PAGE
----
Iranian security forces cracked down on protests in Kurdish areas of the country yesterday and briefly detained the father of Mahsa Amini, a year after the young woman’s death in custody set off some of the worst political unrest in four decades.
State-affiliated media reported arrests of several ‘counter revolutionaries’ and ‘terrorists’ in different Iranian cities and said security forces had foiled plots to create disturbances around illegal demonstrations.
The death of Amini, a 22-year-old Kurdish woman arrested by the morality police last year for allegedly flouting mandatory dress codes, triggered months of some of the biggest protests against the Islamic Republic’s clerical rule ever seen and drew international condemnation.
As night fell yesterday, a heavy security force presence in Iran’s mostly Kurdish areas appeared to have deterred large-scale protest rallies but human rights groups reported sporadic confrontations in several areas of the country.
Videos posted on social media showed people gathered on a main avenue in the capital Tehran cheering a young protesting couple as drivers honked their car horns in support.
The official Irna news agency reported that fire engulfed the women’s ward at the Qarchak prison in Tehran province before being put out after convicts awaiting execution set fire to their clothes. It said there were no casualties.
The Kurdistan Human Rights Network, which said the incident was linked to the protests, said special forces entered the ward, beat up the women and fired pellet bullets.
In a separate incident, human rights group Hengaw said security forces opened fire in the Kurdish city of Mahabad, wounding at least one person. It also said several people were wounded in the city of Kermanshah but there was no official confirmation of either incident.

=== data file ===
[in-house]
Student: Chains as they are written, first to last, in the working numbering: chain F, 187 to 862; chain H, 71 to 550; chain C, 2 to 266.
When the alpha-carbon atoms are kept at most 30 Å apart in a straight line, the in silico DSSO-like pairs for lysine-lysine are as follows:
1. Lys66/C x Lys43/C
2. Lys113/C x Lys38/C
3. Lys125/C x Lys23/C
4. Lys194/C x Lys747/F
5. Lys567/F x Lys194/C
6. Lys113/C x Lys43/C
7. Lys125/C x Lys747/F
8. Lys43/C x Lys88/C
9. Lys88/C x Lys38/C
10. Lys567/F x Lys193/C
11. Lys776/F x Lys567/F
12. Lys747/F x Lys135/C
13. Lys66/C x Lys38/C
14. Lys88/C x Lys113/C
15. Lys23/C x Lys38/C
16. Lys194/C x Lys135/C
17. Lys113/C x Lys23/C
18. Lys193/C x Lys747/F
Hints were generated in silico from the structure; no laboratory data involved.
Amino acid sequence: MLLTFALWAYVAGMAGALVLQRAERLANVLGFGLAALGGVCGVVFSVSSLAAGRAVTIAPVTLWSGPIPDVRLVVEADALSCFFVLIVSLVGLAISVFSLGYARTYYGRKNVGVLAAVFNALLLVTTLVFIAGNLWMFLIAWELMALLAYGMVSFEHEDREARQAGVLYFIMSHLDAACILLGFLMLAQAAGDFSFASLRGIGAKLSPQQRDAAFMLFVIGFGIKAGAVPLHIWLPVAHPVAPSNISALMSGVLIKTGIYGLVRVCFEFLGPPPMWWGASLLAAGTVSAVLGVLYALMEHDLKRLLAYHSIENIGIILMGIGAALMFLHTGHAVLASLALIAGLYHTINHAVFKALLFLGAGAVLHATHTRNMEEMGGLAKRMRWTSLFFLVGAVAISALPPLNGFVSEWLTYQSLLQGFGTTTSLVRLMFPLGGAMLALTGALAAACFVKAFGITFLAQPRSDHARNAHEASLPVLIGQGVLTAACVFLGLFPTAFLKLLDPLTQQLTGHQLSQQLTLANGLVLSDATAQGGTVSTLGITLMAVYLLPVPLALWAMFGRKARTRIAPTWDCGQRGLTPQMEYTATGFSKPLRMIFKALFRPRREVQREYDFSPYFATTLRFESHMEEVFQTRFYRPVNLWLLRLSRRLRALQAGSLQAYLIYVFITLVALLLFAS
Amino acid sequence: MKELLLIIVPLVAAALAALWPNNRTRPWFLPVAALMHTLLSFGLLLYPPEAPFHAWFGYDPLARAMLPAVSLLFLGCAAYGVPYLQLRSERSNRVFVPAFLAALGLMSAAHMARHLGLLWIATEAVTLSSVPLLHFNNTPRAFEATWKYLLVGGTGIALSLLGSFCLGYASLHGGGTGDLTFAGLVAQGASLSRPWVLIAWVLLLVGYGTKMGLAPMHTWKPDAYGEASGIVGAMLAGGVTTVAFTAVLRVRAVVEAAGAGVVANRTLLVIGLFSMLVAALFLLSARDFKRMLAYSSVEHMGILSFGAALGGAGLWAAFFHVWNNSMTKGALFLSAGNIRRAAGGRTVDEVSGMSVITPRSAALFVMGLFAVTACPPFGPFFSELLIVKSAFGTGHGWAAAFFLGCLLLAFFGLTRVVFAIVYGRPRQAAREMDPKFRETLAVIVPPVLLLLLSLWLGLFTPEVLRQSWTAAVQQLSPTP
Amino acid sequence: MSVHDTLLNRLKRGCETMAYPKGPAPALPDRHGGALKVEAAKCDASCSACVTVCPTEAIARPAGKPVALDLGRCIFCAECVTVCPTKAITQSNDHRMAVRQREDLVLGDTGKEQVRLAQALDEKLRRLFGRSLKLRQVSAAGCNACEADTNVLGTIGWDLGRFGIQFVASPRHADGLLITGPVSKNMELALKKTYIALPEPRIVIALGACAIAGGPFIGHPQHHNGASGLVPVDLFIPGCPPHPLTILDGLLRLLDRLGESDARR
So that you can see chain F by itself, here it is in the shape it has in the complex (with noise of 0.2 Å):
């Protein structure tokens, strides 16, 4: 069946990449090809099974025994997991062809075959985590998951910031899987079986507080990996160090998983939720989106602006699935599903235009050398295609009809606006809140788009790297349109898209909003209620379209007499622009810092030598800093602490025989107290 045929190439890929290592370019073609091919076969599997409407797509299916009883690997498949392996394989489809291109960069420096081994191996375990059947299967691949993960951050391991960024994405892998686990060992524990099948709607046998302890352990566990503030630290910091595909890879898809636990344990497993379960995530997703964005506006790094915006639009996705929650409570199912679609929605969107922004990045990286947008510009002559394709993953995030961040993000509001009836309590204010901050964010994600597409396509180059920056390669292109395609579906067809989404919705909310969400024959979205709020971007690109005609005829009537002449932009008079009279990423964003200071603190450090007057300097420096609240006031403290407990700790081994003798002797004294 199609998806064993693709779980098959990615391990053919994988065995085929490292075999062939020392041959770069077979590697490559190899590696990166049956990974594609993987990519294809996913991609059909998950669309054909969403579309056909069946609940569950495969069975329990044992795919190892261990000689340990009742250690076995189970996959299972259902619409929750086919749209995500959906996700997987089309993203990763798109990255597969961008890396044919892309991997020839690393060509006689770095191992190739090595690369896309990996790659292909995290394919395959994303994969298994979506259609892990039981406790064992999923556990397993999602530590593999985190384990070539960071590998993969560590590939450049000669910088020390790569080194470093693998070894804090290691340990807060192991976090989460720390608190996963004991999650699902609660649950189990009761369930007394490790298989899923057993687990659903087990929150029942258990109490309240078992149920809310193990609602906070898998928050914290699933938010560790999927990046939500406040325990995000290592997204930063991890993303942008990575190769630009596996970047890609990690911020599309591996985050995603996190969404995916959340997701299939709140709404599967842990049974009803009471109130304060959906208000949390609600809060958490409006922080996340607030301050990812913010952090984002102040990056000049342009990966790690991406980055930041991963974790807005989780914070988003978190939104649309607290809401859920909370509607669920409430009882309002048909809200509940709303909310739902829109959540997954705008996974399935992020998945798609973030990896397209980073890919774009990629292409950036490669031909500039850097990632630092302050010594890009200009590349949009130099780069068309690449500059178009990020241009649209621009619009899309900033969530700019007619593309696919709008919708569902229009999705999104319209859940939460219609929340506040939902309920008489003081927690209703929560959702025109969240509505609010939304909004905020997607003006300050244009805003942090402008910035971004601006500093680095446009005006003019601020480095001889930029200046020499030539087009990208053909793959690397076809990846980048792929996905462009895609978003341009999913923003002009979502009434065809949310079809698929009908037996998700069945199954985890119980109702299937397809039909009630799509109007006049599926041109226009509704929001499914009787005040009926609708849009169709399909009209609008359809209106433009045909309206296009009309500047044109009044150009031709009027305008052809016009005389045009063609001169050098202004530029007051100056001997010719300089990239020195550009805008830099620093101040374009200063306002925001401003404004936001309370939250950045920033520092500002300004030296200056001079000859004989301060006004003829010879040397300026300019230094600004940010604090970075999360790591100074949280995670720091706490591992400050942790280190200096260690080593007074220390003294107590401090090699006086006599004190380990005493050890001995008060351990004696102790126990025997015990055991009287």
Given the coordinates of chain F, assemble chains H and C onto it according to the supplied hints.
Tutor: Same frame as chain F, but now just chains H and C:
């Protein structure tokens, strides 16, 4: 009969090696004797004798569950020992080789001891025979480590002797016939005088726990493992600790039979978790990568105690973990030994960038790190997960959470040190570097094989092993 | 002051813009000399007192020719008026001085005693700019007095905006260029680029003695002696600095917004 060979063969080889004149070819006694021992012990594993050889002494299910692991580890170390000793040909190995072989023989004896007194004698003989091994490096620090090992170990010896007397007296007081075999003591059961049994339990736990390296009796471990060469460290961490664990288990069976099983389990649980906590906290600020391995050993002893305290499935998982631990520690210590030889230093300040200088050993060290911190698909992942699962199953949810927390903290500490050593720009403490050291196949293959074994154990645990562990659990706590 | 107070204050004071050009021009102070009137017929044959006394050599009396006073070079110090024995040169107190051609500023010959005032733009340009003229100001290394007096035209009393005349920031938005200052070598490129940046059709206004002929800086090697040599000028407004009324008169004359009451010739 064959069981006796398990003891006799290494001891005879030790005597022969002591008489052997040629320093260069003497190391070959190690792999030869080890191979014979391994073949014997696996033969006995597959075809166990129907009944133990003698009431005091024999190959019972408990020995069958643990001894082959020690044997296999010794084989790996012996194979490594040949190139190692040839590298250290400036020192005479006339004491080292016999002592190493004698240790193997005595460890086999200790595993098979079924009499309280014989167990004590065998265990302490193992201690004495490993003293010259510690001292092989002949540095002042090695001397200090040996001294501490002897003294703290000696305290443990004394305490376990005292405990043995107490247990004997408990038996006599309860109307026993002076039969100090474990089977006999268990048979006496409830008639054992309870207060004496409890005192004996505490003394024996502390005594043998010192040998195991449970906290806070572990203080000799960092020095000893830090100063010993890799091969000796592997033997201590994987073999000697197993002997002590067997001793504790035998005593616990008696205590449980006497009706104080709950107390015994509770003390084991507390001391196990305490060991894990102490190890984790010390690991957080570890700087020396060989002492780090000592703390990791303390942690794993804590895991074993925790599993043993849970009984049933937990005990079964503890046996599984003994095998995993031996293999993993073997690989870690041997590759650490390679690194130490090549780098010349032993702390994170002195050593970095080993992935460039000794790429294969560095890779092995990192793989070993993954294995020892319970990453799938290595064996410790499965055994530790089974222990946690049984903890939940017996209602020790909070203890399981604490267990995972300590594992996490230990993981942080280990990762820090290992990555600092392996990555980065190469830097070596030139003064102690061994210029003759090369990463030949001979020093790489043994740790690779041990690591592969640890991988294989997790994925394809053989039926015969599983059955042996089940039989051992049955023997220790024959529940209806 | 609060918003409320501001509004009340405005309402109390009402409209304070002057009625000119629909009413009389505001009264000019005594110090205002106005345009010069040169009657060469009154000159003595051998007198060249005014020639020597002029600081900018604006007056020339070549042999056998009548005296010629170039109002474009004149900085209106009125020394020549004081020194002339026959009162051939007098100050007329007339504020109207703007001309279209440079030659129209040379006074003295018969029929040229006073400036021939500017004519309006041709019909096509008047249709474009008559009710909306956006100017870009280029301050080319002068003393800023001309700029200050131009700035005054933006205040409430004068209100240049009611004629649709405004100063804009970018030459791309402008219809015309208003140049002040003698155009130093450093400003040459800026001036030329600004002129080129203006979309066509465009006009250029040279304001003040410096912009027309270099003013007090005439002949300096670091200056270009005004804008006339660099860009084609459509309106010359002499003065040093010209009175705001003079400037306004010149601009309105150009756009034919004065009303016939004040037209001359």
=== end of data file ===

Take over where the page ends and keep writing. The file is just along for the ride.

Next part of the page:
In Amini’s home town of Saqez, in northwestern Iran, the semi-official Fars news agency reported that police using a pellet gun shot had seriously injured a man who ‘ignored a police warning’. It said the man was in an intensive care ward after undergoing an operation but provided no more detail.
Social media postings also carried footage of residents of cities including Tehran shouting out slogans against Supreme leader Ayatollah Ali Khamenei as well as protests in areas including Gohardasht, in the city of Karaj west of Tehran, and in Mashhad in the northeast.
In the demonstrations that followed Amini’s death more than 500 people, including 71 minors, were killed, hundreds injured and thousands arrested, rights groups said. Iran carried out seven executions linked to the unrest.
Mahsa’s father, Amjad Amini, was warned against marking the anniversary of his daughter’s death before being released, the Kurdistan Human Rights Network said and the family was not able to hold a planned vigil at her graveside.
Hundreds gathered in central London to mark the anniversary.
Chanting ‘Women! Life! Freedom!,’ the crowds held her portrait and rallied around the memory of the young woman.
Similar protests took place in Italy, Germany and France.
“But I think what’s really important about this protest is that Iranian men, for the first time in the history of Iran, they’re actually standing with women and they’re supporting the women and they’re showing respect for the women,” she said.
“That’s very original and it’s never happened in the history of Iran,” said Soheila Sokhanvari, an Iranian-British artist, moved to the U.K. to study a year before the 1979 revolution that brought Iran’s conservative Islamic leaders to power.